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Disappointment at the Washington Post

Lt. Col. Steven Jordan was exonerated yesterday of charges pertaining to the abuse of detainees at the Abu Ghraib prison in Iraq. Jordan was the only officer to face a court-martial over that abuse. The jury concluded that he did not engage in the abuse and did not authorize it. I didn’t follow the trial and thus cannot opine on the verdict, but nothing in the accounts I’ve read suggests that the jury failed to reach the proper result.
This story in the Washington Post also provides no reason to doubt that justice was done. However, the Post sniffs that “the verdict means no officer will serve prison time in connection with the mistreatement of detainees at Abu Ghraib, leaving the harshest punishment for low-ranking soldiers who were shown in the infamous photographs that emerged in early 2004.” This theme also appears in the subtitle of the story in the print edition. The Post thus seems unable to conceal its disappointment that the harshest punishment went to the people who actually engaged in the abuse, as opposed to bigger-shots who were never shown to be culpable.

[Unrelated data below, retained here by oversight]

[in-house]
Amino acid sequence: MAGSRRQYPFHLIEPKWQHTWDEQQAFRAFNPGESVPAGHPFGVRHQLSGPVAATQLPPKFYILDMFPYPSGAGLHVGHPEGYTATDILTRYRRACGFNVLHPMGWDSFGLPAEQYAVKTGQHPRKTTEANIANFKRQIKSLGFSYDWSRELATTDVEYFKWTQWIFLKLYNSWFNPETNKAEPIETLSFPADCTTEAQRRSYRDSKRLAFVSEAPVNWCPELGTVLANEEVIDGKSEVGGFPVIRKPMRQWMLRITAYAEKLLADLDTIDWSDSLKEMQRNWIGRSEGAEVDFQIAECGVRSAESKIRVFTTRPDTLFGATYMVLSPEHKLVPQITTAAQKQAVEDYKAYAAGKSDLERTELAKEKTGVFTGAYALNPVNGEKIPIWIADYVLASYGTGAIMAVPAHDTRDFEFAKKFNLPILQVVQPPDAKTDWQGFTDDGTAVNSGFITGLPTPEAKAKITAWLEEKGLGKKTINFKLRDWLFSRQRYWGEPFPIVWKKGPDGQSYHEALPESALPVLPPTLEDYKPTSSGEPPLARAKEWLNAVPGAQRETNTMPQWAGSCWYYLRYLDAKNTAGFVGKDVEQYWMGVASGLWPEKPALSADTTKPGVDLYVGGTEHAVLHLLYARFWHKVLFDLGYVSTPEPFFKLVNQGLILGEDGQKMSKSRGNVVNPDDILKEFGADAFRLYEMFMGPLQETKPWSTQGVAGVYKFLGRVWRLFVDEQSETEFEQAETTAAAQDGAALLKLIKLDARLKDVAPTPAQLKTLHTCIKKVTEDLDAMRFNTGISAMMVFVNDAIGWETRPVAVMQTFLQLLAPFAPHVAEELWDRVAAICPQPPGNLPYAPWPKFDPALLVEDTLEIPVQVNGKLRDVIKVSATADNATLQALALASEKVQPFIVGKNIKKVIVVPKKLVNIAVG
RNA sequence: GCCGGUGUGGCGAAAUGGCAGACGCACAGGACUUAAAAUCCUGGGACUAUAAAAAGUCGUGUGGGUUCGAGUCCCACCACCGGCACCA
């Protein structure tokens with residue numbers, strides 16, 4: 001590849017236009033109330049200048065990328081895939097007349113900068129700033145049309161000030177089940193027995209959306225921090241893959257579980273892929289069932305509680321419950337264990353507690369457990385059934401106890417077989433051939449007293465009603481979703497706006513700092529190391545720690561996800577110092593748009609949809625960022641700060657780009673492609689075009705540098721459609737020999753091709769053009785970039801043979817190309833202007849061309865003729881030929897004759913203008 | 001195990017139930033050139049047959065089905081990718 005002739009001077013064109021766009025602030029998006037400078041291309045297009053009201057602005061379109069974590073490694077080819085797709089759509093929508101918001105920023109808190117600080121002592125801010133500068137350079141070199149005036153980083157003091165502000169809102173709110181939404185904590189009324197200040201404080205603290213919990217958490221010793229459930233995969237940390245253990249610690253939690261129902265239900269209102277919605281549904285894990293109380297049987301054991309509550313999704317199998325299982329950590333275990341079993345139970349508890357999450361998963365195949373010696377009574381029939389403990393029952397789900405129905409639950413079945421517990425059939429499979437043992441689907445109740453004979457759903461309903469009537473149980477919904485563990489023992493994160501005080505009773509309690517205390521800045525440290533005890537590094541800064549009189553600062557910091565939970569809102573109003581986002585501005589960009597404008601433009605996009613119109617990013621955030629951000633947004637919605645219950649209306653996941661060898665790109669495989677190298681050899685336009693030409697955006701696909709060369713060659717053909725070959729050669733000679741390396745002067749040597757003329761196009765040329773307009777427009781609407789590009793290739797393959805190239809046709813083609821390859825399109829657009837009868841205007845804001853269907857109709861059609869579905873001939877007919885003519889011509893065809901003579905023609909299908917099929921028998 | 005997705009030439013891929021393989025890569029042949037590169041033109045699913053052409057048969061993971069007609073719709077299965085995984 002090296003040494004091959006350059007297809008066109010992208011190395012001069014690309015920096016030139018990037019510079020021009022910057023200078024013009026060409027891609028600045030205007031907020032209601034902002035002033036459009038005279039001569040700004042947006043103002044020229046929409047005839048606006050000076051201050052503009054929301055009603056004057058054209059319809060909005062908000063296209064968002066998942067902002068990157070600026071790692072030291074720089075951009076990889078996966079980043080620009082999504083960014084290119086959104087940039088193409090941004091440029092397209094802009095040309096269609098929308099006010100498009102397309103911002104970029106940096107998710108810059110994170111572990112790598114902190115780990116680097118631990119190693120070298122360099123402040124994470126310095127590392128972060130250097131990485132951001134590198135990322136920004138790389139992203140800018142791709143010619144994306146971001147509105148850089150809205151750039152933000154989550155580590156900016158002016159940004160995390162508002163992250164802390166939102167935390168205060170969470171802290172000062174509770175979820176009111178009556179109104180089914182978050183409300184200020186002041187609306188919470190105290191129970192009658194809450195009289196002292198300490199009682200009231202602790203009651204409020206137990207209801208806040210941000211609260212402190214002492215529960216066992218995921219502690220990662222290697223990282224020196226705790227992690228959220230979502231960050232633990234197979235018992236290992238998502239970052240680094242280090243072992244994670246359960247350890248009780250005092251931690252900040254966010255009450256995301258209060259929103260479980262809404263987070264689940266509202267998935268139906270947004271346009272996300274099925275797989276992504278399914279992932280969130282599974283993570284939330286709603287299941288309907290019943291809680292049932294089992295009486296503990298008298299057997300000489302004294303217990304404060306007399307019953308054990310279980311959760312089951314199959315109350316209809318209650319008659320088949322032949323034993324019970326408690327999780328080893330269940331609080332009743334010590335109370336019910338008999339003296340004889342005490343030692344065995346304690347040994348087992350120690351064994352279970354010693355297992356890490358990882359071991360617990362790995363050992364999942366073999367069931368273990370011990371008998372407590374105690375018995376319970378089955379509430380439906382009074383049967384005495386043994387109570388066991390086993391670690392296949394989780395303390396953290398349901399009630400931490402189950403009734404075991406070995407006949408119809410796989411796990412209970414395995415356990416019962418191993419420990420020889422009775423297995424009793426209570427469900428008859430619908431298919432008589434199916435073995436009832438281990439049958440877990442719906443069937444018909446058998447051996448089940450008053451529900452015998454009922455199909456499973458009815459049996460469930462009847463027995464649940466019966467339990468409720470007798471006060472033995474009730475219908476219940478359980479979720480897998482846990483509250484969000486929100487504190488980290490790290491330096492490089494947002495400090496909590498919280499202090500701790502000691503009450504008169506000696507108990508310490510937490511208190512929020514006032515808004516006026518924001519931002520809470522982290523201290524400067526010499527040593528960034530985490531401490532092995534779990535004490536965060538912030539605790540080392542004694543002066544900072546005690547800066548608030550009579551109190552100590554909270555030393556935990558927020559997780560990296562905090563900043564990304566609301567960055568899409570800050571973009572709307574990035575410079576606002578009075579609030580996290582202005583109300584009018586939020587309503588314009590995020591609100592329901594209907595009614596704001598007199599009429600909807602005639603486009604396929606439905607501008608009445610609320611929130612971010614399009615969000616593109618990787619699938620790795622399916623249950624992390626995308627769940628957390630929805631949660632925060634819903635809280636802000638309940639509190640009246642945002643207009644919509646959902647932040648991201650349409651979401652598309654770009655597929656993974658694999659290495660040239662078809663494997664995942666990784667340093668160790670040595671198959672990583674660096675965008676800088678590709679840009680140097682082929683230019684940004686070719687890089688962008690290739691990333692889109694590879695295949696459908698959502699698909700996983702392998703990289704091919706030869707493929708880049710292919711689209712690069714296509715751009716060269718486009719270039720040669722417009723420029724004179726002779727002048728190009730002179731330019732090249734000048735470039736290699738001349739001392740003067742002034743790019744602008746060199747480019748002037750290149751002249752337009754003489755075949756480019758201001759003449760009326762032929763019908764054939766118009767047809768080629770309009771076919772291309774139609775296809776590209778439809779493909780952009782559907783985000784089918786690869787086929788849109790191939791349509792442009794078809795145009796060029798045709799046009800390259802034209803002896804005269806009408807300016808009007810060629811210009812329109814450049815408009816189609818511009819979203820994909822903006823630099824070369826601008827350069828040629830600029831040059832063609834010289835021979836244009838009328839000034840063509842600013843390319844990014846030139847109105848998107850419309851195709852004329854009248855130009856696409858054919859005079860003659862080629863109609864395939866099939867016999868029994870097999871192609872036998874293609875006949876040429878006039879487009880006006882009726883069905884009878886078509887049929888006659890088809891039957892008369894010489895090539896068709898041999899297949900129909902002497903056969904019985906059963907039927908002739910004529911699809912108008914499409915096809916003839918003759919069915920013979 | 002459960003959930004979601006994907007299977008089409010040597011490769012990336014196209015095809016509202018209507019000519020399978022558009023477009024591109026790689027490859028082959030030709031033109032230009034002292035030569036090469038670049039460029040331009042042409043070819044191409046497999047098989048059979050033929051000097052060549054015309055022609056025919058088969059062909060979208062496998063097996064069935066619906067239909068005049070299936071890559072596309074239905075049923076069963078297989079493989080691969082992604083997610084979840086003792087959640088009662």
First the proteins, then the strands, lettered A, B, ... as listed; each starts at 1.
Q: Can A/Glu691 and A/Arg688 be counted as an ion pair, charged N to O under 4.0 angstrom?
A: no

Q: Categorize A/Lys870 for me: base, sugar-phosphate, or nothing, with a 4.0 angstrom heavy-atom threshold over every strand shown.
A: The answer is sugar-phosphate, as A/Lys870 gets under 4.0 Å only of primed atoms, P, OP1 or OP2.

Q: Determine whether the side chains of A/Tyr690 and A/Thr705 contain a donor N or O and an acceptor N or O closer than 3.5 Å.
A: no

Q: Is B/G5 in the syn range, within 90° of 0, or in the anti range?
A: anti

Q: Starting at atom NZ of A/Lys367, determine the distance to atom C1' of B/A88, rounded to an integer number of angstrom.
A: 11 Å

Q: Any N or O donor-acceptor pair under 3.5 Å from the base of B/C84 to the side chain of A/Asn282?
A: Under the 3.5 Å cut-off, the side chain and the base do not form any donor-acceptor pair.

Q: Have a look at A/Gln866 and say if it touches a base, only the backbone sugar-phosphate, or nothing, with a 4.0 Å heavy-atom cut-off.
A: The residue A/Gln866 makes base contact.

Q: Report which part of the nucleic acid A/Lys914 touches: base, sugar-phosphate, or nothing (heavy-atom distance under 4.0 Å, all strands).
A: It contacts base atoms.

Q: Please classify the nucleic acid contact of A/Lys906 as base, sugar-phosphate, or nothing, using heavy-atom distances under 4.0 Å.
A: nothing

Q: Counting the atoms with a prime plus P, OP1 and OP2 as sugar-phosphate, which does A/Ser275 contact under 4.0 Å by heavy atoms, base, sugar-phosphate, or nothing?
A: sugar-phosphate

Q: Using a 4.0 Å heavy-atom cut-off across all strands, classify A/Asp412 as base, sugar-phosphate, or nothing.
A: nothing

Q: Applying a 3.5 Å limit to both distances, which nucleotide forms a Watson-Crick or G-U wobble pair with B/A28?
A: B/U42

It’s easy to understand the Post’s apparent disappointment. The Post was in the vanguard of those who peddled the Abu Ghraib story day after day. If the serious misconduct was confined to a discrete group of low-ranking soldiers, then the Post vastly over-hyped the story and thereby cast the U.S. military in an unfair light. If the serious misconduct extended up the chain, then the Post’s breathless non-stop coverage was less disproportionate to the actual story. Three and a half years later, it seems pretty clear that this is a case of the former, not the latter.
The sexual abuse of detainees looks like a one-off proposition. The Scott Thomas Beauchamp affair reminds us that MSM’s eagerness unfairly to cast the U.S. military in a bad light continues to this day.
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